much balanced and biblical than these views, exposing my blindness that
would have kept me from obeying 1 Corinthians 10:31, "So, whether you
eat or drink, or whatever you do (including business), do all for the
glory of God." (On a side not to 1 Cor 10:31, read "How to Drink Orange
Juice to the Glory of God," chapter 5 of John Piper's book, Pierced by
The topics in which Grudem covers in this book, with a chapter devoted to each one are:
How God is glorified by...
4. Commercial Transactions
7. Inequality of Possessions
9. Borrowing and Lending
and he then includes two chapters on
10. Attitudes of Heart
11. Effects on World Poverty.
Grudem is not blind to the abuses of business, the ways in which we
idolize money and success and become gracious losing sight of the fact
that we are operating with God's stuff not ours. He regularly comments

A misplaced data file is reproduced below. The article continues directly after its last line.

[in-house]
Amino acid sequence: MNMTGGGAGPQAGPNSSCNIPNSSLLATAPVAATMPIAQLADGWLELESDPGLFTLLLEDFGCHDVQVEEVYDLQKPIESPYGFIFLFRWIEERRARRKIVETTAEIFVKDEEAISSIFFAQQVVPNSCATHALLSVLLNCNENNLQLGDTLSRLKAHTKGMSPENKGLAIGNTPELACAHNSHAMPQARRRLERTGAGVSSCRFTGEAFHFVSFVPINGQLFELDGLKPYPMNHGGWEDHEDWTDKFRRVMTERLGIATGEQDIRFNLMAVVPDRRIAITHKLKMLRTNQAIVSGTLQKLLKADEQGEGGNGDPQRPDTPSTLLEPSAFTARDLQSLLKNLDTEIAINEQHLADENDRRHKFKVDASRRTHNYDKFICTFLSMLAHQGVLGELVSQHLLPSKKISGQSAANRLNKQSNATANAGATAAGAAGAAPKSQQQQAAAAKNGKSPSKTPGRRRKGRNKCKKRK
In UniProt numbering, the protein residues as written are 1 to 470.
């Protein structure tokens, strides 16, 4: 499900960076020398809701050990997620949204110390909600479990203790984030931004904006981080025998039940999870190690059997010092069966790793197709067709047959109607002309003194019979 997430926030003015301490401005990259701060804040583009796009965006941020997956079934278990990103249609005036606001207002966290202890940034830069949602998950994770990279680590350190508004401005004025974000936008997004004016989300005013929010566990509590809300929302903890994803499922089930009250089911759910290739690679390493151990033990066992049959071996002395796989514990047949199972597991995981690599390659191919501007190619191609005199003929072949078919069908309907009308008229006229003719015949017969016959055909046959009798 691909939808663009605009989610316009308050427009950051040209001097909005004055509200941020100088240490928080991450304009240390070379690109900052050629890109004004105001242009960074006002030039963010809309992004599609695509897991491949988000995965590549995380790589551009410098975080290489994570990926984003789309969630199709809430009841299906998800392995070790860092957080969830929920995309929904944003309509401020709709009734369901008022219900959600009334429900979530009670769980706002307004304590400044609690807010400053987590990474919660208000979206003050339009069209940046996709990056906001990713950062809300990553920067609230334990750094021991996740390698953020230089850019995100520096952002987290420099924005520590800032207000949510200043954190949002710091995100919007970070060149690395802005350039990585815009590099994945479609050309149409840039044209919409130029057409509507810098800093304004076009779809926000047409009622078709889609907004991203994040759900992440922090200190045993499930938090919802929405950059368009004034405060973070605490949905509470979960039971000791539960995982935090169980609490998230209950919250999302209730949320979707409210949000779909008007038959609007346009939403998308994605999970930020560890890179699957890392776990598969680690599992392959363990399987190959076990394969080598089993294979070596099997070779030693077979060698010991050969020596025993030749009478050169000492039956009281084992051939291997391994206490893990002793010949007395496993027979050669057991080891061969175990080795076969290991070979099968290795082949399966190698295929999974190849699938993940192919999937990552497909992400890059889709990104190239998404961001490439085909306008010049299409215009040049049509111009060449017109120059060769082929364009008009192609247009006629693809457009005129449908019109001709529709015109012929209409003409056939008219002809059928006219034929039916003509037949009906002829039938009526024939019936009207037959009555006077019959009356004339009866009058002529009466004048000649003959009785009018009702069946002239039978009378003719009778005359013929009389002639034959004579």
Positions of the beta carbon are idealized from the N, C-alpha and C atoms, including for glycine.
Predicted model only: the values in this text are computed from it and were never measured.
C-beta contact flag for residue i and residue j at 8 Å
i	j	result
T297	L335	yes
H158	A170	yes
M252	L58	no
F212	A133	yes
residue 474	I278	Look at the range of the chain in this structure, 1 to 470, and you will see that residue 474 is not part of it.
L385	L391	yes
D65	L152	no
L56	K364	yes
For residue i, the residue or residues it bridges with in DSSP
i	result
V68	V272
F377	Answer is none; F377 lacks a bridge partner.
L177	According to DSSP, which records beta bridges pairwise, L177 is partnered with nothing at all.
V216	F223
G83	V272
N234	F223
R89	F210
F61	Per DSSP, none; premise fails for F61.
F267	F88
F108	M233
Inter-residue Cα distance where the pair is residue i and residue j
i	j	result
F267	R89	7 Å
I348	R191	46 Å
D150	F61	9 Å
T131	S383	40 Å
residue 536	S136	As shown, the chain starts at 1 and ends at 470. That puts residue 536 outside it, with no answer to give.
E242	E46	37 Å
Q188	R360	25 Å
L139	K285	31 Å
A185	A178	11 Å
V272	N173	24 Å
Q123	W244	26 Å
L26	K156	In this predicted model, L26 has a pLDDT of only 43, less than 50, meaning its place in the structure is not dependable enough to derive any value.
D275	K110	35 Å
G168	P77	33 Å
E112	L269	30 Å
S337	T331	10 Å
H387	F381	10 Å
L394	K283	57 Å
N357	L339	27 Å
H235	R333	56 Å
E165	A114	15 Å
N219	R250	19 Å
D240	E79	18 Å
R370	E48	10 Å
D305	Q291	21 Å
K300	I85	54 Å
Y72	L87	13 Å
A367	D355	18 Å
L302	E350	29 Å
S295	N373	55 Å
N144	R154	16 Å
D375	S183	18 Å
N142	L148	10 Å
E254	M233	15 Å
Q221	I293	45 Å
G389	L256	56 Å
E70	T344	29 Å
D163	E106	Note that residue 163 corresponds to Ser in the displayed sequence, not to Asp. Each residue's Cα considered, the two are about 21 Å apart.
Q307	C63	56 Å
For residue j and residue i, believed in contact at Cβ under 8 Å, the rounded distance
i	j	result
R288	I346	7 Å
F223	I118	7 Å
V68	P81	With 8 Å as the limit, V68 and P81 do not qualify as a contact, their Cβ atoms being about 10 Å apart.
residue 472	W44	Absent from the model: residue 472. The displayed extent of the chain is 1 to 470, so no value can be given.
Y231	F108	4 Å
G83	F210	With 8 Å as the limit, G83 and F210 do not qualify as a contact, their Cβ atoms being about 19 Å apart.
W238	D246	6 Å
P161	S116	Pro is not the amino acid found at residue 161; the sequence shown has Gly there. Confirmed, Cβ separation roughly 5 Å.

throughout the book on concerns to balance the view, but the real
wealth of attitude-changing information comes from
not-often-talked-about fact that business can in-and-of-itself be
glorifying to God. We don't have to feel "vaguely guilty" about
business but can use it to both glorify God while we're doing it and
advance the Kingdom through it.
My only complaint is the size of the book, and for that I wish I
could give it four-and-a-half stars. The book is really small (83 pages
of text) and oftentimes when it seems like he is just beginning to
develop a thought or when a proposition could use a little more
defense, he needs to move on to the next topic of discussion. However,
he can be excused because he has let the reader know that he is working
on a larger edition saying in the preface, "The Bible says much about
these topics, and a thorough treatment deserves a much larger book than
this, one that I am still in the process of writing."
In summary, if you are in business or are a student studying or
considering studying business, read this book. It should have a
profound and God-glorifying effect (if read as it is written and not
taken as a license to idolize business or success and withhold God's
grace from people) on your life, studies, and career.
500+ Essential-to-Know Aquarium Species
A review of two books, Marine Fishes
by Scott Michael and Marine Invertebrates
by Ronald Shimek: